The School District of Manatee County could have a leg up on the competition when it comes to recruiting first-year teachers.
Superintendent Cynthia Saunders said the district’s new starting salary of $51,630 could be the highest in the state.
“It will help to attract and keep personnel here, especially if we’re the highest in the region, because we all know you can live in many counties here and commute to one another,” Saunders said. “It will put us at an advantage in attracting [teachers] to make sure we have all of our positions filled next year.”
The School Board of Manatee County on Jan. 12 approved the contract with the Manatee Education Association that included salary increases to bump a starting teacher’s salary from $45,706 to $51,630.
The new starting salary includes funding from the state as well as $5,201 from the millage referendum supplement.
The salary increases follow Florida lawmakers allocating $500 million to raise a starting teacher’s pay to $47,500. School districts across the state were required to use the funding to get as close to $47,500 as they could.
The school district received about $8.4 million from the state to put toward salaries.
Using funds from the state, the district bumped the new base salary to $46,429.
The district and the Manatee Education Association chose not to include funding from the millage referendum in the salary negotiations because the passage of the referendum is not guaranteed.
With the $5,201 from the referendum, the salary is increased to $51,630.
For Peggy Turner, a kindergarten teacher at Robert E. Willis Elementary School, the salary increases aren’t what she had hoped for teachers already in the district.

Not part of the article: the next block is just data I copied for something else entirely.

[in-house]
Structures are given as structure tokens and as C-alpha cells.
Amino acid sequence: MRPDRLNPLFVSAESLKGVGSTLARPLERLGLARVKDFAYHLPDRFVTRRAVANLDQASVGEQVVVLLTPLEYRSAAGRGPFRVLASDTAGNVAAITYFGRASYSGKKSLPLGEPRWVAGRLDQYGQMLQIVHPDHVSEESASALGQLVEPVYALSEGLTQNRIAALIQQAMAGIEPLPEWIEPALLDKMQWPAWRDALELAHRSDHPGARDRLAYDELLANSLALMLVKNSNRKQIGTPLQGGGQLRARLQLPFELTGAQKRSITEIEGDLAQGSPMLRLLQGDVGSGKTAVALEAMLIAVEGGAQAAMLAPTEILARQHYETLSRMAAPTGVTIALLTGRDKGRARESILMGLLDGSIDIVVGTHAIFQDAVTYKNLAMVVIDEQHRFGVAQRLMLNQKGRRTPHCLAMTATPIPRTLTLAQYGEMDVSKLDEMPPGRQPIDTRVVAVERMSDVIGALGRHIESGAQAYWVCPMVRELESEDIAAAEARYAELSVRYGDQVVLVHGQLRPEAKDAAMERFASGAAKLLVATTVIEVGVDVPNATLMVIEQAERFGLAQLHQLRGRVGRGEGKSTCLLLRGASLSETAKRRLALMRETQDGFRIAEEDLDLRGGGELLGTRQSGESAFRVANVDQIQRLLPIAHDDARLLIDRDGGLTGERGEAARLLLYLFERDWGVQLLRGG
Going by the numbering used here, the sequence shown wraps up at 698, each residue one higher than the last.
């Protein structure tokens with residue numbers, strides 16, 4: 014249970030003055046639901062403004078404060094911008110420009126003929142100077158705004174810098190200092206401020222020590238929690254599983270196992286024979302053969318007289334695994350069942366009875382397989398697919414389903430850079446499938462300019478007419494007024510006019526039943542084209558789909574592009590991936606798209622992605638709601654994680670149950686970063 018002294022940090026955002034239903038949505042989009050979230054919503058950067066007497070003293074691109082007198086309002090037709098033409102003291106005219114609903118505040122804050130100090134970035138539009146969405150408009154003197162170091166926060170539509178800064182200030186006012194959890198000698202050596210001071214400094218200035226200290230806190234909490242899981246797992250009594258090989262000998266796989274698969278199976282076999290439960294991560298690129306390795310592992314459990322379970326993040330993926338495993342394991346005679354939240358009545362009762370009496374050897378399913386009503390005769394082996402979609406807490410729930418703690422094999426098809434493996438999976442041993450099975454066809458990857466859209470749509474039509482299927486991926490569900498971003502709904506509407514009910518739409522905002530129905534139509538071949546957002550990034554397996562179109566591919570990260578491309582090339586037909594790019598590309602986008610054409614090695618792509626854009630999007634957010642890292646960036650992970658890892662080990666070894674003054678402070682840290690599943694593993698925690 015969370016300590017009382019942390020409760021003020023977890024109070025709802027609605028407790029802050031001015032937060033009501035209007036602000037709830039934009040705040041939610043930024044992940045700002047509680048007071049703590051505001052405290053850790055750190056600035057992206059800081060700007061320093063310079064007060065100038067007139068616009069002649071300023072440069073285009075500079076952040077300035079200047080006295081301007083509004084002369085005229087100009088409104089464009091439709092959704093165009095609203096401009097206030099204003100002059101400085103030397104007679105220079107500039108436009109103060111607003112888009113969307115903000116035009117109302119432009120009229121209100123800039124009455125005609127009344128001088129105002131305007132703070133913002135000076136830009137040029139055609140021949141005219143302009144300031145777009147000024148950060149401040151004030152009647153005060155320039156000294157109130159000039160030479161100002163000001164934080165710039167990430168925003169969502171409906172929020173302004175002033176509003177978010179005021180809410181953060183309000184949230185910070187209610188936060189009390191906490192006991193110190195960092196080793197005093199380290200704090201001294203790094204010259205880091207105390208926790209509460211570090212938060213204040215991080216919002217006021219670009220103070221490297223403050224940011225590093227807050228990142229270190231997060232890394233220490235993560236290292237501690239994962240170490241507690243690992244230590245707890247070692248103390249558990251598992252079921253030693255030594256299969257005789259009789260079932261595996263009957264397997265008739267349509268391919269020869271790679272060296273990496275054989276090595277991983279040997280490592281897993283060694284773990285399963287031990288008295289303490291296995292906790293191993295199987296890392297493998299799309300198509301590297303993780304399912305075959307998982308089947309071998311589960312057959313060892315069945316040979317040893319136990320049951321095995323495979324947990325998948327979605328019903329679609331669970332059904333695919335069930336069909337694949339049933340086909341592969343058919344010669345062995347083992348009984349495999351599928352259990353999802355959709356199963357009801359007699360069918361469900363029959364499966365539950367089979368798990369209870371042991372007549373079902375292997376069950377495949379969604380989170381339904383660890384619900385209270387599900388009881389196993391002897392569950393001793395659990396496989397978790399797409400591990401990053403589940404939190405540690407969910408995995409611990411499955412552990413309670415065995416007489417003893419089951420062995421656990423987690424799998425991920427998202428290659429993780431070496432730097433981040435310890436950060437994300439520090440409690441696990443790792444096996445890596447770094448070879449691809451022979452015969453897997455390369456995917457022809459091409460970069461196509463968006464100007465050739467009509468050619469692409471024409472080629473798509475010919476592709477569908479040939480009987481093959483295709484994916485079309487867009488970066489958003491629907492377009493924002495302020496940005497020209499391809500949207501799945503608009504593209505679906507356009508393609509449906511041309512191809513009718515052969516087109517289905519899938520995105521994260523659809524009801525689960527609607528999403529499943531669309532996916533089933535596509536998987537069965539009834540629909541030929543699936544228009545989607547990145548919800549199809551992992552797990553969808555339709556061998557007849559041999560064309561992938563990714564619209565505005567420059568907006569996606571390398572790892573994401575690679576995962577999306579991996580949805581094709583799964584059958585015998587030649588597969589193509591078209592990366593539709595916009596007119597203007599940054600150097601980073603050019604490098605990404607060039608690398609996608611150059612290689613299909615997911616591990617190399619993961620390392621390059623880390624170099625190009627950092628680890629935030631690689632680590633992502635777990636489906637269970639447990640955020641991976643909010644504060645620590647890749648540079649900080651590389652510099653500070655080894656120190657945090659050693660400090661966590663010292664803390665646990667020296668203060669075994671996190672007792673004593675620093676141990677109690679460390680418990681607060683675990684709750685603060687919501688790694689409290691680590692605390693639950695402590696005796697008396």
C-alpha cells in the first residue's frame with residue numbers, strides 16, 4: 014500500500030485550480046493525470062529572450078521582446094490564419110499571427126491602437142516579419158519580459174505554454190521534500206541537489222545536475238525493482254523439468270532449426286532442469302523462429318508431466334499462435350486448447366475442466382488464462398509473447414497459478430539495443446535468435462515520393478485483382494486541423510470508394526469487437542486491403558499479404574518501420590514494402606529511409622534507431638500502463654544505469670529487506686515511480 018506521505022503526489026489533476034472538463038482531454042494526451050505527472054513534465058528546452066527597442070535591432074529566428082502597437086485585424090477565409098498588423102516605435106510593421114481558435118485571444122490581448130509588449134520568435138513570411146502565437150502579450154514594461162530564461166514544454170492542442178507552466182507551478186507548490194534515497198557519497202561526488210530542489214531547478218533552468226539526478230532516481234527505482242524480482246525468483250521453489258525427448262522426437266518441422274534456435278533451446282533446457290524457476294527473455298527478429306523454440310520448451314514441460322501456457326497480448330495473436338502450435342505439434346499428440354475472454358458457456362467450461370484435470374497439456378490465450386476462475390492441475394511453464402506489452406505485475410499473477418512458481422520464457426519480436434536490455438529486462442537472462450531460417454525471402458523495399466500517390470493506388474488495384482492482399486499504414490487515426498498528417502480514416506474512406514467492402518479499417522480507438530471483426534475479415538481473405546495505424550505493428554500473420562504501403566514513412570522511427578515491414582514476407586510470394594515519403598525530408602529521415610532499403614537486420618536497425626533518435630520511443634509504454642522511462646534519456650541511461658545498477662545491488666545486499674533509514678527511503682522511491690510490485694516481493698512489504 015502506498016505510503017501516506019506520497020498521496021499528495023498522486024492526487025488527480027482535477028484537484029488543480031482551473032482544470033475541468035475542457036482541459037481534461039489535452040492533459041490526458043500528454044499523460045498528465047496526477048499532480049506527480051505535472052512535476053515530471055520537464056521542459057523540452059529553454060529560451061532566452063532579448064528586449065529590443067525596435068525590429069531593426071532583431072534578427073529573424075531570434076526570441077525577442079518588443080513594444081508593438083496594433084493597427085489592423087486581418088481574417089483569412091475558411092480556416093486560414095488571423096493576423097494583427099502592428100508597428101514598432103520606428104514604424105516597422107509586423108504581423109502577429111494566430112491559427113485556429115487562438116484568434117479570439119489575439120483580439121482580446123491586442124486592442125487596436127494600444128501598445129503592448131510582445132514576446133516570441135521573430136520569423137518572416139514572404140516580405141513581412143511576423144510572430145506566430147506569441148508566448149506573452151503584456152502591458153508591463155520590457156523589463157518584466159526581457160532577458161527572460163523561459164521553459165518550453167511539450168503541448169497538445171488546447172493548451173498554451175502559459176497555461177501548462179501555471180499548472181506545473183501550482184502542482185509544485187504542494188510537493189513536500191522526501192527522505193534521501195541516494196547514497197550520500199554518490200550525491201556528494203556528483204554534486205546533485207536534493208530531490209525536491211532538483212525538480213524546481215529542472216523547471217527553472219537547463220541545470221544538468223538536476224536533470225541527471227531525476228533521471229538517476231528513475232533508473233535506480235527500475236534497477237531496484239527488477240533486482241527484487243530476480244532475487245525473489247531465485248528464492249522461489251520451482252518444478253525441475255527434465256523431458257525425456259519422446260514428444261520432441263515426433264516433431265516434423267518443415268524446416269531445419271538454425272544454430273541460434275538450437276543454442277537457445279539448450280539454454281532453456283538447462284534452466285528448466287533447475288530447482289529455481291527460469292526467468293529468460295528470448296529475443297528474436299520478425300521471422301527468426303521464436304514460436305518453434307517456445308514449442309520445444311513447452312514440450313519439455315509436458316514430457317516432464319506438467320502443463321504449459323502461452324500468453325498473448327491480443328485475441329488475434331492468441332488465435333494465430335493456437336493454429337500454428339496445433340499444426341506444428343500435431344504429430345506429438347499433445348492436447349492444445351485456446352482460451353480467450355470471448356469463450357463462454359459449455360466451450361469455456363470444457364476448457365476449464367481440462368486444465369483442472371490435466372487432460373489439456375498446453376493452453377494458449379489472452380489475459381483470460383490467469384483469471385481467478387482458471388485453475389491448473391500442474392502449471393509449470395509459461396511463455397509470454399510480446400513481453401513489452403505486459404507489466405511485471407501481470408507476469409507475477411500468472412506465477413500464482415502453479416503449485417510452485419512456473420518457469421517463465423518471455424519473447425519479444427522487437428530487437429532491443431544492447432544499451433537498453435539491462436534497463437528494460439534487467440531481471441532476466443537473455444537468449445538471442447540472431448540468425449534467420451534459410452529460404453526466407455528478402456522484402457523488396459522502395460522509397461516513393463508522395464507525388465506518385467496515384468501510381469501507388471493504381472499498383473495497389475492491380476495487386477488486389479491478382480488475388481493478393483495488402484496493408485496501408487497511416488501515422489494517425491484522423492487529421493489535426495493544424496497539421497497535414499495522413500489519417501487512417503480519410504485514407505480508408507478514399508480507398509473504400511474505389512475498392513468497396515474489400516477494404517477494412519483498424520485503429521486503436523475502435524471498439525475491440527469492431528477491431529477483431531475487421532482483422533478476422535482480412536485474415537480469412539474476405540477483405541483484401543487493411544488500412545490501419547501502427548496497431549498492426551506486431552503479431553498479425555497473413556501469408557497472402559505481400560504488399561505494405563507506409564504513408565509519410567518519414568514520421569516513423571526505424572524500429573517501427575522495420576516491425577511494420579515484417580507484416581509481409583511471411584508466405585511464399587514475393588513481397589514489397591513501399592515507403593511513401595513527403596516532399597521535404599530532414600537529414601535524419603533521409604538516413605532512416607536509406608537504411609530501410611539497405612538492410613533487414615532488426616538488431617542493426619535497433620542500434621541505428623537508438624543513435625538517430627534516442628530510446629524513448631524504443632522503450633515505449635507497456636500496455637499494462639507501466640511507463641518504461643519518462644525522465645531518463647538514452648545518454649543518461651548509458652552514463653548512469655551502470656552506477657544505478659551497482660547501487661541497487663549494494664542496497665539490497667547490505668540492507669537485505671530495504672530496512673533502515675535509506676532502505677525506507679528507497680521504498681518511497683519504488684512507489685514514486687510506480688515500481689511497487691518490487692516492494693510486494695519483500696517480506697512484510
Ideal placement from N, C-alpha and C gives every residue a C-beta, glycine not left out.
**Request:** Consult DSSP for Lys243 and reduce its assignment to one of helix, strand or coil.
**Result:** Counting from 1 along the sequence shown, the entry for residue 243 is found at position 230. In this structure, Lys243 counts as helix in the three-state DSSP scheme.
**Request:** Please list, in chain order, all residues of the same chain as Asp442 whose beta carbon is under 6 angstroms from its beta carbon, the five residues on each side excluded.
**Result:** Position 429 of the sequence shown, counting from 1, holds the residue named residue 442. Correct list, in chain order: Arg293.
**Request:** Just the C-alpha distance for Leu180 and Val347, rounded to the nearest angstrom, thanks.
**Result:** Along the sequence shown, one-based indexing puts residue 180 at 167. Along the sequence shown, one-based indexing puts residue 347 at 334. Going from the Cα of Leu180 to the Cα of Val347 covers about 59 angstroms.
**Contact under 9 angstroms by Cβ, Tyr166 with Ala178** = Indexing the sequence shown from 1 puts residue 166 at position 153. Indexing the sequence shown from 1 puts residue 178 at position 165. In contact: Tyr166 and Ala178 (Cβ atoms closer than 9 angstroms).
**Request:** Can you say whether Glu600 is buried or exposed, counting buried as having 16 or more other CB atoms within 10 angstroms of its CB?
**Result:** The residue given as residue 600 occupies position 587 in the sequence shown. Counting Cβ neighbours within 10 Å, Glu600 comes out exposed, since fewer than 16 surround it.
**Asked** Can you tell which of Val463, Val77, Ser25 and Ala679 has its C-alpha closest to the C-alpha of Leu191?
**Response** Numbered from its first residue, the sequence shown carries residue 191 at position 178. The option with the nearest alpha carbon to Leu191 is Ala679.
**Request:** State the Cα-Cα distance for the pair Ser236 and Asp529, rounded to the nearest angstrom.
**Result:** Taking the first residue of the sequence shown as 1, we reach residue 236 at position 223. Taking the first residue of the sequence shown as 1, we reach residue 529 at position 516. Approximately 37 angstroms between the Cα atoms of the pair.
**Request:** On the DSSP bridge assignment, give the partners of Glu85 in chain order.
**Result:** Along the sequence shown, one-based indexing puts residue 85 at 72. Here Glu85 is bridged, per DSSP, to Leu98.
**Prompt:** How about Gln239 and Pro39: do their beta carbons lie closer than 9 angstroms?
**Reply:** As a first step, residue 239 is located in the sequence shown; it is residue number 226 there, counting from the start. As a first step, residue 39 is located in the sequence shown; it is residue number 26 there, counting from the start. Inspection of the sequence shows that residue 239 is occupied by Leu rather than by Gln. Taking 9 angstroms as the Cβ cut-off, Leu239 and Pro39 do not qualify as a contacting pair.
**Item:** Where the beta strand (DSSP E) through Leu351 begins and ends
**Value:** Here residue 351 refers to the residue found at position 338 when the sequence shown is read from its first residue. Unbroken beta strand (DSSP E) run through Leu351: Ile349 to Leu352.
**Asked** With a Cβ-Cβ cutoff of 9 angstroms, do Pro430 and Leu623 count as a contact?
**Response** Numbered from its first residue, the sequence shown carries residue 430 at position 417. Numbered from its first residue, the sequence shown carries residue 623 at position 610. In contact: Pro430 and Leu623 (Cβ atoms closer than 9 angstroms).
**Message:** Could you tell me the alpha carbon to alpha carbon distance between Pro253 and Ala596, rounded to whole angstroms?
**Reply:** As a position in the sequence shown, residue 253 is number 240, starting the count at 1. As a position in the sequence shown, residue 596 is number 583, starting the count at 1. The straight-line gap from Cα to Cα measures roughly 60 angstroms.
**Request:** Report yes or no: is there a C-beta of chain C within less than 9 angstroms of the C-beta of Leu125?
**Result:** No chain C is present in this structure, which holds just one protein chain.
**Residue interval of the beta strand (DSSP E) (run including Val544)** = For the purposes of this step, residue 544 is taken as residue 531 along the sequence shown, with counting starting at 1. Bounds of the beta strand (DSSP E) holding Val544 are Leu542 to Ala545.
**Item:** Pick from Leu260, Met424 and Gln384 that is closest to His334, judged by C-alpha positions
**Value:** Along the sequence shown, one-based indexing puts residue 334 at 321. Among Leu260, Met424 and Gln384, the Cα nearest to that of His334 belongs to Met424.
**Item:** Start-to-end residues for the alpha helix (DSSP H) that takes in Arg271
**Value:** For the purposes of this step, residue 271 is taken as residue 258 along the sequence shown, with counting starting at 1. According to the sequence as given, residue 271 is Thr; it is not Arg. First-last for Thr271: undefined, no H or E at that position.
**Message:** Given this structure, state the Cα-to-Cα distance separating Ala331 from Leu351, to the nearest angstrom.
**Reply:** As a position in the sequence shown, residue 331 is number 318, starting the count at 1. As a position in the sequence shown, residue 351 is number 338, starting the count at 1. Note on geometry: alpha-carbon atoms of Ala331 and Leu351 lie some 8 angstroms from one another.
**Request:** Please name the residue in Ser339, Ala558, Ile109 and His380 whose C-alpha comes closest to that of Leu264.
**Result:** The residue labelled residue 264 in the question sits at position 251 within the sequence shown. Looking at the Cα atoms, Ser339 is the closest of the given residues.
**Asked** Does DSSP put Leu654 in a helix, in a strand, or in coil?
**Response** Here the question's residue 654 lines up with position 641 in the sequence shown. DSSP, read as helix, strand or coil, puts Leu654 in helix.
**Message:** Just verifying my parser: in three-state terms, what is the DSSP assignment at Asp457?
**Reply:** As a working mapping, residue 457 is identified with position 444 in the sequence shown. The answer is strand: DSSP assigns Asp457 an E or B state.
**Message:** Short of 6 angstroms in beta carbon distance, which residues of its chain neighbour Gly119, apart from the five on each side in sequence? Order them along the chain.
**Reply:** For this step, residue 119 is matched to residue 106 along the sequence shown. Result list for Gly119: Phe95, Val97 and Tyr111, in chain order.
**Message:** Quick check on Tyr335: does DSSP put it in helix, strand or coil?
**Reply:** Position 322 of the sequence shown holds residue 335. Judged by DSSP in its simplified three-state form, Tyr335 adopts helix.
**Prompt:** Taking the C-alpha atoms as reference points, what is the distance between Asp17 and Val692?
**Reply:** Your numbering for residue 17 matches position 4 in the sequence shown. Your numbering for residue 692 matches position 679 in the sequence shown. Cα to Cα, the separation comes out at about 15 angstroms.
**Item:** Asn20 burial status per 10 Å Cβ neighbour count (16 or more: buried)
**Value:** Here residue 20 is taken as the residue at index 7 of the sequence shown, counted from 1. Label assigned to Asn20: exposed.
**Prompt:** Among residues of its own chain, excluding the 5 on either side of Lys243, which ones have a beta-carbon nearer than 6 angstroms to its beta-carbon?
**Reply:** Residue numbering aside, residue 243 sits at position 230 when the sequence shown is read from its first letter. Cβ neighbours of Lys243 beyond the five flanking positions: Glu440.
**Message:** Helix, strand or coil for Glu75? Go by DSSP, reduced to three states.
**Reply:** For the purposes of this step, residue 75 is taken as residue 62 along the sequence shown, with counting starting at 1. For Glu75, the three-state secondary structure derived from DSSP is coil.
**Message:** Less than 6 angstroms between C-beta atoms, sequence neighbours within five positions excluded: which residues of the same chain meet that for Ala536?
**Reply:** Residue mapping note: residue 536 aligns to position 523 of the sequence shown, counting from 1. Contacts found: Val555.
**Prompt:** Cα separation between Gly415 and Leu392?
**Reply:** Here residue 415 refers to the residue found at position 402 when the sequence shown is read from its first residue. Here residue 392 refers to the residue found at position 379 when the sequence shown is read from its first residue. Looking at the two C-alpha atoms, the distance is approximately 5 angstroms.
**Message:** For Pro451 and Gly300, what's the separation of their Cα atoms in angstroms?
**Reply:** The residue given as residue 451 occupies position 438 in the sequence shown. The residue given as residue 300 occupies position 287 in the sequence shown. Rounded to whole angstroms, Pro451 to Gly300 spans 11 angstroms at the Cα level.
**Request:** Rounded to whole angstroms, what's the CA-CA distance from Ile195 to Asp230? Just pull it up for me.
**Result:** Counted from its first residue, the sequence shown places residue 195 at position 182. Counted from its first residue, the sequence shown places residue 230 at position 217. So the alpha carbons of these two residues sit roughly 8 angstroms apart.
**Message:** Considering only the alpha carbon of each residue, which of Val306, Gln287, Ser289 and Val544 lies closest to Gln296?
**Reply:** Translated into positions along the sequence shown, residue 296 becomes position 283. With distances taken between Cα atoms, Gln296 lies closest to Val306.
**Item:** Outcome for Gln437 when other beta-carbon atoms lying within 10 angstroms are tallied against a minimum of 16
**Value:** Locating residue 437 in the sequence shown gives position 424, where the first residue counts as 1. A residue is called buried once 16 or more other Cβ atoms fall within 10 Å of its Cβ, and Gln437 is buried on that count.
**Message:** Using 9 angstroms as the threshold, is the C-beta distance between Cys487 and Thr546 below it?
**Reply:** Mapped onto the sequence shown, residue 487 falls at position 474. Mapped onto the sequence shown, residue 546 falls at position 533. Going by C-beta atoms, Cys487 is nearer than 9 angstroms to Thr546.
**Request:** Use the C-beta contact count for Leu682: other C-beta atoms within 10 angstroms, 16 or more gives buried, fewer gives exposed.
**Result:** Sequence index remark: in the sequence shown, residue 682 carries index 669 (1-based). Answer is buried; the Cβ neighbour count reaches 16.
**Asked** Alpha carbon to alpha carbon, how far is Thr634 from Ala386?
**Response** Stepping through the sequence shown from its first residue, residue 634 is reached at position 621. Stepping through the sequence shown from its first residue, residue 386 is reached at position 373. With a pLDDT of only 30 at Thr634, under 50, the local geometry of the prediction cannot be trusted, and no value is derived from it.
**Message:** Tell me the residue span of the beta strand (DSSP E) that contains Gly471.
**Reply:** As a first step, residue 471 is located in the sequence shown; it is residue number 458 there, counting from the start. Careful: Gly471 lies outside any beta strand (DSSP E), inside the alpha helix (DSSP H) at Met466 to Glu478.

“It’s sad they’re not paying attention to teachers they have currently,” said Turner, who has been teaching for 23 years and has spent 20 years with the School District of Manatee County. “I feel like they’re taking us for granted. I feel like it’s another slap in the face.”
A requirement of the state funding was for districts to use 80% of the $8.4 million in funding to get new teacher salaries as close to $47,500 as possible. The other 20% of the funding could be used for veteran teachers or paraprofessionals.
Pat Barber, the president of the Manatee Education Association, said the requirements of the funding were a “huge overreach” to the association’s ability to negotiate salaries, and as a result, the district couldn’t provide the same type of increases to veteran teachers as those with less experience.
Moving forward, Barber said the Manatee Education Association needs to work with the school district to have state leadership understand that districts need state funding to provide salary increases that recognize the retention of veteran teachers.